Florida Gov. Ron DeSantis waves during a press conference, Thursday, Sept. 22, 2022, in Miami. (AP Photo/Rebecca Blackwell)
Florida Gov. Ron DeSantis waves during a press conference, Thursday, Sept. 22, 2022, in Miami. (AP Photo/Rebecca Blackwell)

According to campaign finance records reviewed by Floricua, John Rosatti and John Staluppi, who were allegedly members of the Colombo crime family, have donated more than $115,000 to DeSantis’ campaign and the Friends of Ron DeSantis political action committee.

In the 1980s and 1990s, the FBI alleged that John Rosatti and John Staluppi were members of the Colombo crime family, one of the five Italian American mafia families in New York City.

Now, they are both exorbitantly wealthy businessmen and are using some of their money to fund Florida Gov. Ron DeSantis’ reelection campaign.

According to campaign finance records reviewed by Floricua, the two men and their businesses have donated more than $115,000 to DeSantis’ campaign and the Friends of Ron DeSantis political action committee (PAC).

Rosatti, who now lives in Florida, has personally donated $25,100 to DeSantis’ PAC and another $400 to DeSantis’ campaign since June 2021. He has also donated $25,000 to the Republican Party of Florida.

The bulk of the donations, however, came via some of Rosatti’s businesses that make up his New York-based Plaza Auto Mall empire. Plaza Automotive, Plaza Hyundai, Plaza Motors of Brooklyn, and Plaza Oldsmobile each donated $3,000 to the DeSantis campaign on Nov. 30, 2021.

More notably, Plaza Hyundai, Plaza Motors of Brooklyn, and Plaza Oldsmobile each directed $25,000 to DeSantis’ PAC on Dec. 31, 2021.

According to the New York Department of State’s Division of Corporations public database, Rosatti is listed as the chief executive officer of each of these businesses, which have since been merged out of existence.

Staluppi, meanwhile, donated $3,000 to DeSantis on Nov. 30. His wife also donated $3,000 on the same day.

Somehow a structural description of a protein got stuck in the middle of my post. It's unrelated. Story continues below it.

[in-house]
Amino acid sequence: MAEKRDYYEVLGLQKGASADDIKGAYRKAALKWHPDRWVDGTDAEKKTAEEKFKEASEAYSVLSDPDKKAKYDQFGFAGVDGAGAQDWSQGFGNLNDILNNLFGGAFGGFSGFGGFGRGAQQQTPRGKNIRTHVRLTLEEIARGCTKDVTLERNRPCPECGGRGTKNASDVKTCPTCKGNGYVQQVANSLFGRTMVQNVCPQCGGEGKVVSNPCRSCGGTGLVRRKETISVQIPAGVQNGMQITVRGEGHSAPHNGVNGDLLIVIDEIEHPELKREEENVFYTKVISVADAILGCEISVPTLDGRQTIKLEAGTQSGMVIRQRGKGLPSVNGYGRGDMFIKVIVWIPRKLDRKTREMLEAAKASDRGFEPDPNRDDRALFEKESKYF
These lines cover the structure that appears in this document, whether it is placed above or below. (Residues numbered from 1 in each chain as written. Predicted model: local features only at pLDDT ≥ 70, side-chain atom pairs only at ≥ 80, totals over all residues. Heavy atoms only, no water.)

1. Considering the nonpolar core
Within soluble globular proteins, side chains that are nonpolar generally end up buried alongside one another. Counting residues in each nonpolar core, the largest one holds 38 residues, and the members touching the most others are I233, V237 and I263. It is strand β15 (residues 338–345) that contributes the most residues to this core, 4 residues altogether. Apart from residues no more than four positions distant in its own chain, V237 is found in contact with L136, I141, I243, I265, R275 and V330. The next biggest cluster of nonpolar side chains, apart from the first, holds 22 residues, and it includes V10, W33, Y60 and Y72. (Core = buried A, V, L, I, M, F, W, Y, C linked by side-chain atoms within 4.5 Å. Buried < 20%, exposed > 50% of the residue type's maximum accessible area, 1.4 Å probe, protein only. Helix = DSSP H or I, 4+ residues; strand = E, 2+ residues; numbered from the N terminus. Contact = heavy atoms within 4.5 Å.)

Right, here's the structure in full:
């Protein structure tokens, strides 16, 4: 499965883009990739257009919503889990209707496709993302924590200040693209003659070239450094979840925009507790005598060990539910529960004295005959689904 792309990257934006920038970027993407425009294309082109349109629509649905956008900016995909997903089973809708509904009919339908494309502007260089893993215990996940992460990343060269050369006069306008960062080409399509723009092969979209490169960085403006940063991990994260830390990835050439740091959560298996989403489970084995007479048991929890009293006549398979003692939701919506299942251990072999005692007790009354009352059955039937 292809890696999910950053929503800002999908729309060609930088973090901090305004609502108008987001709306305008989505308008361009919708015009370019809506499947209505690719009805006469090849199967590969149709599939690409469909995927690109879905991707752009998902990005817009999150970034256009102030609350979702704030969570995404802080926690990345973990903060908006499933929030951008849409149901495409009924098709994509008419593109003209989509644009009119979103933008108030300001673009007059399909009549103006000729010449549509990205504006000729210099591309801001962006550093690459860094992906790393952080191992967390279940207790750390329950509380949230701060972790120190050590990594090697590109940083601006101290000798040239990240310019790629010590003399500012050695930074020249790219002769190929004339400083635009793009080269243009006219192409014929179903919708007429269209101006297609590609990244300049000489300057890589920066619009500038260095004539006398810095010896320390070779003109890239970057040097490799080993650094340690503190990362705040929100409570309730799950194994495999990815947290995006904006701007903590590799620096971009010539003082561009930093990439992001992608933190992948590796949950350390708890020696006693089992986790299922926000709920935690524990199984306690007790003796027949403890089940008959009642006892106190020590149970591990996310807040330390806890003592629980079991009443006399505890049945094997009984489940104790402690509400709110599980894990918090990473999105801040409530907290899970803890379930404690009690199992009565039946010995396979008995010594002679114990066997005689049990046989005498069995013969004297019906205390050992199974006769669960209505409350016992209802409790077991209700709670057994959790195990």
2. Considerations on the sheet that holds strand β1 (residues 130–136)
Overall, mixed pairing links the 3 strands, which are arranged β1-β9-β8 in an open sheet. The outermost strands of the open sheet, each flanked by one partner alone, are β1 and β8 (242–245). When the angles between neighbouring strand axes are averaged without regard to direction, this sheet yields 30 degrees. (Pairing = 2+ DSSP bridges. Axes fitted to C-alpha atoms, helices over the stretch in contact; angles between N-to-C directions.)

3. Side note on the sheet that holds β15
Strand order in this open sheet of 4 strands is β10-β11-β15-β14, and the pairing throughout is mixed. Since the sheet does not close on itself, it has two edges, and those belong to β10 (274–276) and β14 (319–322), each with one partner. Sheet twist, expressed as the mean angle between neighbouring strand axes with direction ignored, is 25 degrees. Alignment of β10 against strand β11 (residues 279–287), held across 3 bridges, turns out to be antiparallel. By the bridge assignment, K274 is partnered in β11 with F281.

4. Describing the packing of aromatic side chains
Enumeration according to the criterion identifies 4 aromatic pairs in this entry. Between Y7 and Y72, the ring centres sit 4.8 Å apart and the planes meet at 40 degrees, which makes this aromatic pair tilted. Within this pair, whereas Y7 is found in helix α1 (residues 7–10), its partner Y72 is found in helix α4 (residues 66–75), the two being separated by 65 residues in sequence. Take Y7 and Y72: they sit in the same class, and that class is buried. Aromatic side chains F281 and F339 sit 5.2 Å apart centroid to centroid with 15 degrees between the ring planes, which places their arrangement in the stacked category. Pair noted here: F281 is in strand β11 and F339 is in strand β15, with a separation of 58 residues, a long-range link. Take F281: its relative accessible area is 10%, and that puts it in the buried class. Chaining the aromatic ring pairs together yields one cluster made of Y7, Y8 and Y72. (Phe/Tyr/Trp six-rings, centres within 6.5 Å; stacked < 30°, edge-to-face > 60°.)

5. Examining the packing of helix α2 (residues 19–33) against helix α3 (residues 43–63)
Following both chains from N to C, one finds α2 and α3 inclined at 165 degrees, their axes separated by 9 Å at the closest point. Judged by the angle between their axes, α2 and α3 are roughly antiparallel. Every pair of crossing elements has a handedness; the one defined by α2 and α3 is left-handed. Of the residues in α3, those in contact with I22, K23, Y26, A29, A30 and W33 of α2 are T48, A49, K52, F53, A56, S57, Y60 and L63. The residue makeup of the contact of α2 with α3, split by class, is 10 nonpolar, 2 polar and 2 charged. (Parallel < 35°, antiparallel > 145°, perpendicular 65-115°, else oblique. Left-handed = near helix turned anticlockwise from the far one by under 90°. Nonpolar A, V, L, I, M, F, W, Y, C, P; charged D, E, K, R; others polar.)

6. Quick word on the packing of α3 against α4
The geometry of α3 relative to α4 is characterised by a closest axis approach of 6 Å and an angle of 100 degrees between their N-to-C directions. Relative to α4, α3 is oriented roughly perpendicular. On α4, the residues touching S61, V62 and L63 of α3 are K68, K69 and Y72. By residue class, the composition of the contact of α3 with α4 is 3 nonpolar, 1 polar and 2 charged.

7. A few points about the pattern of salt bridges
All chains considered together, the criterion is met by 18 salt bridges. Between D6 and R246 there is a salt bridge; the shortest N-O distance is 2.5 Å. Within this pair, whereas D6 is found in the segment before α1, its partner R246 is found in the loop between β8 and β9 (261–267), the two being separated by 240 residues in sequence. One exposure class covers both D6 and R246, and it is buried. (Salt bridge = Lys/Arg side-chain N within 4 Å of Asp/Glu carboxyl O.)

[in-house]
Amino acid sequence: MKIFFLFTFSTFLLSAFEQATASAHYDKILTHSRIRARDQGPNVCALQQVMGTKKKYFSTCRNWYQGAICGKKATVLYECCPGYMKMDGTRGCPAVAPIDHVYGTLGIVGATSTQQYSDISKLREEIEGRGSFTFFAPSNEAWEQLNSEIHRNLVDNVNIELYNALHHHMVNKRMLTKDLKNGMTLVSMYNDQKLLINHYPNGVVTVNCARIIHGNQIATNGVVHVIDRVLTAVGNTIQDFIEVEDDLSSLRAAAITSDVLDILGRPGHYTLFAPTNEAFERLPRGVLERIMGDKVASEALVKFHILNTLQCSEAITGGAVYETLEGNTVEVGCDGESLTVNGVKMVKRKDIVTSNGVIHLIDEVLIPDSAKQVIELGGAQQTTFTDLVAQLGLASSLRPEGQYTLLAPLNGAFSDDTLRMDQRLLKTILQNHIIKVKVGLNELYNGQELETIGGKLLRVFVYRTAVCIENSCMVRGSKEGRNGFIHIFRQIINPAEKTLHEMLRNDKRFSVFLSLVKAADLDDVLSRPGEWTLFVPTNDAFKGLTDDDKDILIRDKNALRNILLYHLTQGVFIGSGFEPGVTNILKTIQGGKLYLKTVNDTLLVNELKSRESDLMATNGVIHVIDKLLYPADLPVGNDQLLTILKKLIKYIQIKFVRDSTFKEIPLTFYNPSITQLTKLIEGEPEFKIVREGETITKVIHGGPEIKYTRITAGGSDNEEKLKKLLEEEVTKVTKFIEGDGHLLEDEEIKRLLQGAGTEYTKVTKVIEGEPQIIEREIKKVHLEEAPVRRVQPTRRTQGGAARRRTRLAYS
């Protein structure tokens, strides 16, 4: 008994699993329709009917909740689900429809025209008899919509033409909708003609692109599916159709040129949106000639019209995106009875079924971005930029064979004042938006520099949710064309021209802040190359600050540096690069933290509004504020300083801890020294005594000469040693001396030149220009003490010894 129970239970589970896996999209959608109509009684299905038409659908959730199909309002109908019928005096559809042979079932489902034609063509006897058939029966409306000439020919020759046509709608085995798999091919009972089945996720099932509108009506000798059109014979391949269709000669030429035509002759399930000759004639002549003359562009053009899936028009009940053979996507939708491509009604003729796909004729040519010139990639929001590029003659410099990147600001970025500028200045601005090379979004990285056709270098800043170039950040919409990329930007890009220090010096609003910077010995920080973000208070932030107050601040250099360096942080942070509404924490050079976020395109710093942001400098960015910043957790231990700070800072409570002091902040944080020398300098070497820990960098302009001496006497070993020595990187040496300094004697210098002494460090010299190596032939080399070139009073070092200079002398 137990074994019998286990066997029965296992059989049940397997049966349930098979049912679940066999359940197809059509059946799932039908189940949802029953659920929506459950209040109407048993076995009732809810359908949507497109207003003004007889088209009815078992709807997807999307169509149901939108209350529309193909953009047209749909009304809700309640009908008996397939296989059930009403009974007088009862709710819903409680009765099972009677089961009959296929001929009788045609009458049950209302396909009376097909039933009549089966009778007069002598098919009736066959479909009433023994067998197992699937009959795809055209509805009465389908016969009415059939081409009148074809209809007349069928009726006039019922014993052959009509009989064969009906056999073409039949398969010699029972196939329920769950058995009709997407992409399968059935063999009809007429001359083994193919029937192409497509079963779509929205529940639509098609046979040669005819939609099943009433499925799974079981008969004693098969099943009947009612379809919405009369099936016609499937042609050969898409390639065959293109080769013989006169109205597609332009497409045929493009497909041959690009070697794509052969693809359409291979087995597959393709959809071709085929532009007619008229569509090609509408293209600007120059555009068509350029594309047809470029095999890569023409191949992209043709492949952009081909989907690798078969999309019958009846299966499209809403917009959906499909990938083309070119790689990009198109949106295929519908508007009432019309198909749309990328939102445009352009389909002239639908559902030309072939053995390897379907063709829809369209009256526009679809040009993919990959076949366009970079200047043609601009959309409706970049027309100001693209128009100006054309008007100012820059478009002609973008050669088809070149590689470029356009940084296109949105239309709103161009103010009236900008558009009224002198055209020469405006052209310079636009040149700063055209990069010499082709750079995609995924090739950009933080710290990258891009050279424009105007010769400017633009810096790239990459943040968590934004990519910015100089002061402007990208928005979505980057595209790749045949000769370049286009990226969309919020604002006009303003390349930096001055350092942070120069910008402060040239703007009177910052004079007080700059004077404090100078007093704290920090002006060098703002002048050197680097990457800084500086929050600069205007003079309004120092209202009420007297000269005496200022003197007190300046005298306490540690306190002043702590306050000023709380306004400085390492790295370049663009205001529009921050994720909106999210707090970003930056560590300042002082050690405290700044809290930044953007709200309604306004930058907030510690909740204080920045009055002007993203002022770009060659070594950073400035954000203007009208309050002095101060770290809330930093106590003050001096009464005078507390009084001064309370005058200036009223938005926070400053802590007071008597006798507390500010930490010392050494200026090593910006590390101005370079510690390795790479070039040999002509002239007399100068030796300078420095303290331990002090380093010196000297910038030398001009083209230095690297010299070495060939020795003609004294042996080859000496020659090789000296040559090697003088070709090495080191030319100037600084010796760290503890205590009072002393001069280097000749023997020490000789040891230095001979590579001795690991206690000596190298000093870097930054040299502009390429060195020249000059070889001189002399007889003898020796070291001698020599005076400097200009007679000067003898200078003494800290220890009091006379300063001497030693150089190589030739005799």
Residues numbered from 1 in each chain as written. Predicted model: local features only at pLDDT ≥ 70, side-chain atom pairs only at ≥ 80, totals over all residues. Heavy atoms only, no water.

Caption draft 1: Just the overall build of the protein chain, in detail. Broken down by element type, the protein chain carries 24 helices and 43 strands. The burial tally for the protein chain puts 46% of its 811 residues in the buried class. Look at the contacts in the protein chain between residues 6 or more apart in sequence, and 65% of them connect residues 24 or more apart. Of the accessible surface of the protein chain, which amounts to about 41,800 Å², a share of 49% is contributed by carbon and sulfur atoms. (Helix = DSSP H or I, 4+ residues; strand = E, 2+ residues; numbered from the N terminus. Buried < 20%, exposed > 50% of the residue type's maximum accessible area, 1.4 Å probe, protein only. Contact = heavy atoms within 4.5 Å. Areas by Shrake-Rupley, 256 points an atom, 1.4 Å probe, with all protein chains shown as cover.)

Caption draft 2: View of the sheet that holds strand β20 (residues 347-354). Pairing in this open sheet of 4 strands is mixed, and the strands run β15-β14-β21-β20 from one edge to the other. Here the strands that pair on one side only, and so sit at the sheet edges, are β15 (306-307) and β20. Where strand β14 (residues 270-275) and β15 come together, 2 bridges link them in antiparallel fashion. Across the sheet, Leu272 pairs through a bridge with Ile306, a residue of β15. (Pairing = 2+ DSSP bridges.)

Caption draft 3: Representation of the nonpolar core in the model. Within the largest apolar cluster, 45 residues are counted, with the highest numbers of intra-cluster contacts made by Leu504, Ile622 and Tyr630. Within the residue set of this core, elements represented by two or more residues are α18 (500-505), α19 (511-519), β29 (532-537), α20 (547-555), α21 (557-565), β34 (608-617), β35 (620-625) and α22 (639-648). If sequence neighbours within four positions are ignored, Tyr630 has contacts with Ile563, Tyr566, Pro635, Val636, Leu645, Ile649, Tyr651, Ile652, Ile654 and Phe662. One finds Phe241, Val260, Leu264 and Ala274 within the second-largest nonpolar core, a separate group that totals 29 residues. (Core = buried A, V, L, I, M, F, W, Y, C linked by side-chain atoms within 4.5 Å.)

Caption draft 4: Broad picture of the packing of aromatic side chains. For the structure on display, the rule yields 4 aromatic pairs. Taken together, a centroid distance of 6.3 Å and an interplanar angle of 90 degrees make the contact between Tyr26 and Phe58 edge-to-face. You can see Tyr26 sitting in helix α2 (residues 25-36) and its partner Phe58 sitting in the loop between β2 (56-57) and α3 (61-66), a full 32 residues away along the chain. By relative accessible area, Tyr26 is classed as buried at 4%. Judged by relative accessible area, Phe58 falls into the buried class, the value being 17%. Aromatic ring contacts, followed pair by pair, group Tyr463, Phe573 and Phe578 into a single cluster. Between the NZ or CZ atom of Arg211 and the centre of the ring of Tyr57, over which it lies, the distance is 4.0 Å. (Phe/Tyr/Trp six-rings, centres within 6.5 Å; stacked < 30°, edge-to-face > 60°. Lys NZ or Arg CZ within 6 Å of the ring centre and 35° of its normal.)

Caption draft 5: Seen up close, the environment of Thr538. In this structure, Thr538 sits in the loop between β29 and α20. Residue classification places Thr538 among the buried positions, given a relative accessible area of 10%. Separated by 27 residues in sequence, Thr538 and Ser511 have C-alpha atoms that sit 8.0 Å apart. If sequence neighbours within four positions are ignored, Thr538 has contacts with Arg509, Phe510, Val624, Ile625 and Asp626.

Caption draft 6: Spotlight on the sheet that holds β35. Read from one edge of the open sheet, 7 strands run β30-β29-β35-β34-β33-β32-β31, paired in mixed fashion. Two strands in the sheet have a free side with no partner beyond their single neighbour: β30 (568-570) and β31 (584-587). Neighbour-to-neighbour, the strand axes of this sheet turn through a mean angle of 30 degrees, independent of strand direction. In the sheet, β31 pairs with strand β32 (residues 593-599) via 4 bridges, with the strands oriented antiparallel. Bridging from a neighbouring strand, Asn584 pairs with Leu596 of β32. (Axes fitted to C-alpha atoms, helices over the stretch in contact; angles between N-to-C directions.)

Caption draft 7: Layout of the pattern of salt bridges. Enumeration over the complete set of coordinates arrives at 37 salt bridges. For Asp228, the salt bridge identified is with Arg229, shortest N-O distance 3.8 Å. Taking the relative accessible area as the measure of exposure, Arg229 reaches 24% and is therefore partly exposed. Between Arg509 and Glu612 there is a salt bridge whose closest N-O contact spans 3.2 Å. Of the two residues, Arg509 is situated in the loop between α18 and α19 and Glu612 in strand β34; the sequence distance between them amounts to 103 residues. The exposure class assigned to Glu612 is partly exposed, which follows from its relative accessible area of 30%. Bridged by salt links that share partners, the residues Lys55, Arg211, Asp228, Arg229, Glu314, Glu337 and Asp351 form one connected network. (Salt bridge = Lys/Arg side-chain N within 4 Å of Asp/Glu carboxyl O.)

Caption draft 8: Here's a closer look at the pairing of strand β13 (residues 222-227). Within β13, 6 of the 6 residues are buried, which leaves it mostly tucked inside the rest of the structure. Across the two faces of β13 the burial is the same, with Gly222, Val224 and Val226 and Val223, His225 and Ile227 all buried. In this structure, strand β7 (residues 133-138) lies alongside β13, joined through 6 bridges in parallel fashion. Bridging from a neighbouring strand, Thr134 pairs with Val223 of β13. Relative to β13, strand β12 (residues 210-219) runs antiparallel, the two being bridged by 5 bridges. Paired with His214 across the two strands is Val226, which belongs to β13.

Both Rosatti and Staluppi have a history of political contributions and have collectively donated tens of thousands of dollars to Republican candidates and groups in recent years, as well as a few Democratic ones.

The DeSantis campaign did not respond to a request for comment. Nor did the campaign of his opponent, Democrat Charlie Crist. But the progressive group Florida Watch and its affiliated DeSantis Watch criticized DeSantis for accepting the donations.

“It is no surprise the Governor is willing to take money from anyone interested in advancing his political ambitions, even those with ties to organized crime, but it certainly raises questions over why these particular donors feel Ron DeSantis is worth their investment,” Anders Croy, communications director for DeSantis Watch, said in a statement. “Floridians deserve a Governor focused on addressing our state’s housing affordability crisis or skyrocketing property insurance rates but instead Ron DeSantis is only focused on lining his campaign bank account. Ron DeSantis cares about one thing and one thing only: himself.”

Efforts to reach Rosatti and Staluppi by phone and email were unsuccessful, and Plaza Auto Mall did not provide a representative to comment.

In the past, both men have strenuously denied ties to the mafia through their attorneys. According to a 1998 report from The Village Voice, Rosatti was convicted in the mid-1970s for attempted auto theft and again in 1994 on a federal gun charge. He ultimately got probation and a $5,000 fine, according to The Village Voice.